I'm wondering whats the differences between a homography and a transformation matrix?

For me it's kinda look like the same? Or is homography just the more precise word in the area of computer vision and transformation of image plane?

  • $\begingroup$ What would you say is the difference between a linear transformation and a matrix? $\endgroup$ – amd Aug 9 '17 at 19:14
  • $\begingroup$ @amd thats literally what I'm asking ?! $\endgroup$ – flor1an Aug 21 '17 at 12:01
  • $\begingroup$ A transformation is a function. A matrix is an array of numbers that can represent a transformation. Do you see the difference? $\endgroup$ – amd Aug 21 '17 at 19:49
  • $\begingroup$ @amd well I wasn't asking for the difference between an transformation and a matrix. I was asking for the difference between a homopgrahy and a transformation matrix. But in the mean time I found the difference on my own $\endgroup$ – flor1an Aug 22 '17 at 20:32
  • $\begingroup$ A homography is a particular type of transformation. The difference between that and a matrix is exactly the same: the latter is one possible representation of the former. $\endgroup$ – amd Aug 22 '17 at 21:51

The term homography is often used in the sense of homography matrix in computer vision. In maths, I guess, the term homography describes the substatial concept, not the matrix. So the question is: What is the difference between homography matrix and transformation matrix?

The mathematical name for homography concept is "projective transformation" (source) and in computer vision it refers to transforming images such as if they were taken under different perspective. This is a much narrower question than any arbitrary transformation and hence homography can be computed by using mathematical tricks (see this question for details), avoiding geometrical computations. The effect of applying the matrix should be the same, but the way to get this matrix is easier.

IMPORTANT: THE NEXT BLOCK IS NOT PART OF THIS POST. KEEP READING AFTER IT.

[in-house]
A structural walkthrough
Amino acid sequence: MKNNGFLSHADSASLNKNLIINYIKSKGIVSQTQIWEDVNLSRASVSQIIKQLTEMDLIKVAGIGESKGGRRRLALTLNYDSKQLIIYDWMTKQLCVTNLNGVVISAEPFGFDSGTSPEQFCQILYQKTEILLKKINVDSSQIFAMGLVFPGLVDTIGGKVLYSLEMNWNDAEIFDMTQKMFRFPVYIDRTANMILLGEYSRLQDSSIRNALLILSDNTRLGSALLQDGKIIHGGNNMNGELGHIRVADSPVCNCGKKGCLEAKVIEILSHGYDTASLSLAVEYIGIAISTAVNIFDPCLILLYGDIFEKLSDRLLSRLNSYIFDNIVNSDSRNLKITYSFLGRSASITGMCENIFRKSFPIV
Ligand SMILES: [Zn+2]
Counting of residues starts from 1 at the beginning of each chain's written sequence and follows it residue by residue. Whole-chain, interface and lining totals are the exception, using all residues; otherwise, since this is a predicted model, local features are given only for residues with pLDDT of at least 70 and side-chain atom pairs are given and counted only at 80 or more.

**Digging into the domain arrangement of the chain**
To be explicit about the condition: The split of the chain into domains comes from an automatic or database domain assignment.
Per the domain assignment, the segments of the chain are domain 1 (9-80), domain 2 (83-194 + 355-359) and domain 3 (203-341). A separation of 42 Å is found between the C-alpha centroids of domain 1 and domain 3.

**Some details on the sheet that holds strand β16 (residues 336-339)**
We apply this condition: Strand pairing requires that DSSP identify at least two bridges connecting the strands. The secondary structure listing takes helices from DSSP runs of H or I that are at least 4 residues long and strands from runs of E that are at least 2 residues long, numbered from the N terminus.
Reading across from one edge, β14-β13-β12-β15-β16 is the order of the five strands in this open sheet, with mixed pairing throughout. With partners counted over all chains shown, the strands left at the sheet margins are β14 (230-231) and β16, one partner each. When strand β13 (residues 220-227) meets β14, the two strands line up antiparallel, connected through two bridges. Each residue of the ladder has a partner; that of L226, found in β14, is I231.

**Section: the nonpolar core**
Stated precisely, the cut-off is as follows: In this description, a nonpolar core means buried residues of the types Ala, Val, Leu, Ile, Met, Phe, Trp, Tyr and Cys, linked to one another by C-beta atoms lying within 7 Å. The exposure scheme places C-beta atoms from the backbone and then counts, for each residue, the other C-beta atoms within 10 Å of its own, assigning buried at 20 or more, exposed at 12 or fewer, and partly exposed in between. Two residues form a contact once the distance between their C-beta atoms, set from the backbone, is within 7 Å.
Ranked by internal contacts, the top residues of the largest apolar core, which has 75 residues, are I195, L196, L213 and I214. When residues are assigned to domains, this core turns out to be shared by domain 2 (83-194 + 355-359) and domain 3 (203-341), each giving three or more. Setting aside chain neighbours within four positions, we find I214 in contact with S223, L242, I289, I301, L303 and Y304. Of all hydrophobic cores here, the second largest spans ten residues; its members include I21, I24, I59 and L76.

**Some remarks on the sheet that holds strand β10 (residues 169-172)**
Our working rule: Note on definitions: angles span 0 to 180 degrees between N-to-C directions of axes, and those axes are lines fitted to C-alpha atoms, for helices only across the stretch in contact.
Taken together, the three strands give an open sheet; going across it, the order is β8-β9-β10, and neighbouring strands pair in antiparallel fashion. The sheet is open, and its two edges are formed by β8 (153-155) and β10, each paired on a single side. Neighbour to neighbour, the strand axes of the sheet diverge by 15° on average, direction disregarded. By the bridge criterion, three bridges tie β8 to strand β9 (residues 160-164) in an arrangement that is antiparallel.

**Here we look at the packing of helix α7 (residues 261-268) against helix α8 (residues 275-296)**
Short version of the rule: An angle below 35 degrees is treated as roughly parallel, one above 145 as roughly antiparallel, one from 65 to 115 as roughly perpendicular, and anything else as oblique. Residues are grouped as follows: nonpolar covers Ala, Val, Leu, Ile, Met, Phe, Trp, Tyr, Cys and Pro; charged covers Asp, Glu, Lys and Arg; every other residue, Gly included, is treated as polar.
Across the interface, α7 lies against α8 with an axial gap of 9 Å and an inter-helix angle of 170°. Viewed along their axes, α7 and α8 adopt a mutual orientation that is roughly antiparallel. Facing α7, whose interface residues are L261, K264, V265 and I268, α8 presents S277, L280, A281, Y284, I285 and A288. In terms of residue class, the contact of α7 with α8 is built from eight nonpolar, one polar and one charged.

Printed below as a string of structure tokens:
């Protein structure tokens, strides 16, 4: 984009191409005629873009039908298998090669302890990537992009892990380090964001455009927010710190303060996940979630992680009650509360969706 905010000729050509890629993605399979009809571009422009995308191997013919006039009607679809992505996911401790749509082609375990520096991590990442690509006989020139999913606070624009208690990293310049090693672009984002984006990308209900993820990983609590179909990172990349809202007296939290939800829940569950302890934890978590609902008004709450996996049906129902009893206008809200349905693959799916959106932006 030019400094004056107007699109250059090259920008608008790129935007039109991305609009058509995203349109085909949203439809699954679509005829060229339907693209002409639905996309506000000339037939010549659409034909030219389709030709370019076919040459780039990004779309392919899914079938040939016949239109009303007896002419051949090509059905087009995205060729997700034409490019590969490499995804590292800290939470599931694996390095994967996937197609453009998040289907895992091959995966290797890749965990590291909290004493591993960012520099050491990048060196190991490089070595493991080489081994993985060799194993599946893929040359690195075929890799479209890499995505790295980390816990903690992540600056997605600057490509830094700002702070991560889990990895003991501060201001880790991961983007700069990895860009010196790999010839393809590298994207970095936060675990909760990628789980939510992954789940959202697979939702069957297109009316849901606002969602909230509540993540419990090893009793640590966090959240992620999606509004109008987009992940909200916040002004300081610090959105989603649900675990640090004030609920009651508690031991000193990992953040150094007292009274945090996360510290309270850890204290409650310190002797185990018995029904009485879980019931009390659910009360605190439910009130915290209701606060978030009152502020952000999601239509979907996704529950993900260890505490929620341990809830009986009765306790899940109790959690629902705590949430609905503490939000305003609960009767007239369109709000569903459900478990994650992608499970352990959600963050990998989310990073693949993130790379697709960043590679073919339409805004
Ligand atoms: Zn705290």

An example from opencv: we have two images of the same place, taken from different angle. We will compute homography H. If we now select one pixel with coordinates (x1, y1) from the first image and another pixel (x2, y2) that represents the same point on another image, we can transform the latter pixel to have the same viewing perspective as the first one by applying H:

OpenCV example of applying homography

As we see, it is identical to applying transformation matrix, hence homography is just a special case of transformation. Most examples that I have seen, consider homography only for 2D (i.e., for images). Still, homography can be extended to larger dimension (source). Thanks to homography, 3D to 2D planar projection (i.e., mapping coordinates in 3D space to points on 2D plane) reduces to 2D to 2D, i.e., to a less complex problem (source).

While transformation is very general concept and includes all kinds of conversions, including conversion between coordinate frames, homography is a subset of it, mostly only applied when rotation is needed (source). In computer vision it is a technical term that describes above-mentioned case of transformation. You can achieve the same result by using proper geometrical transformation, but it will be more complex.


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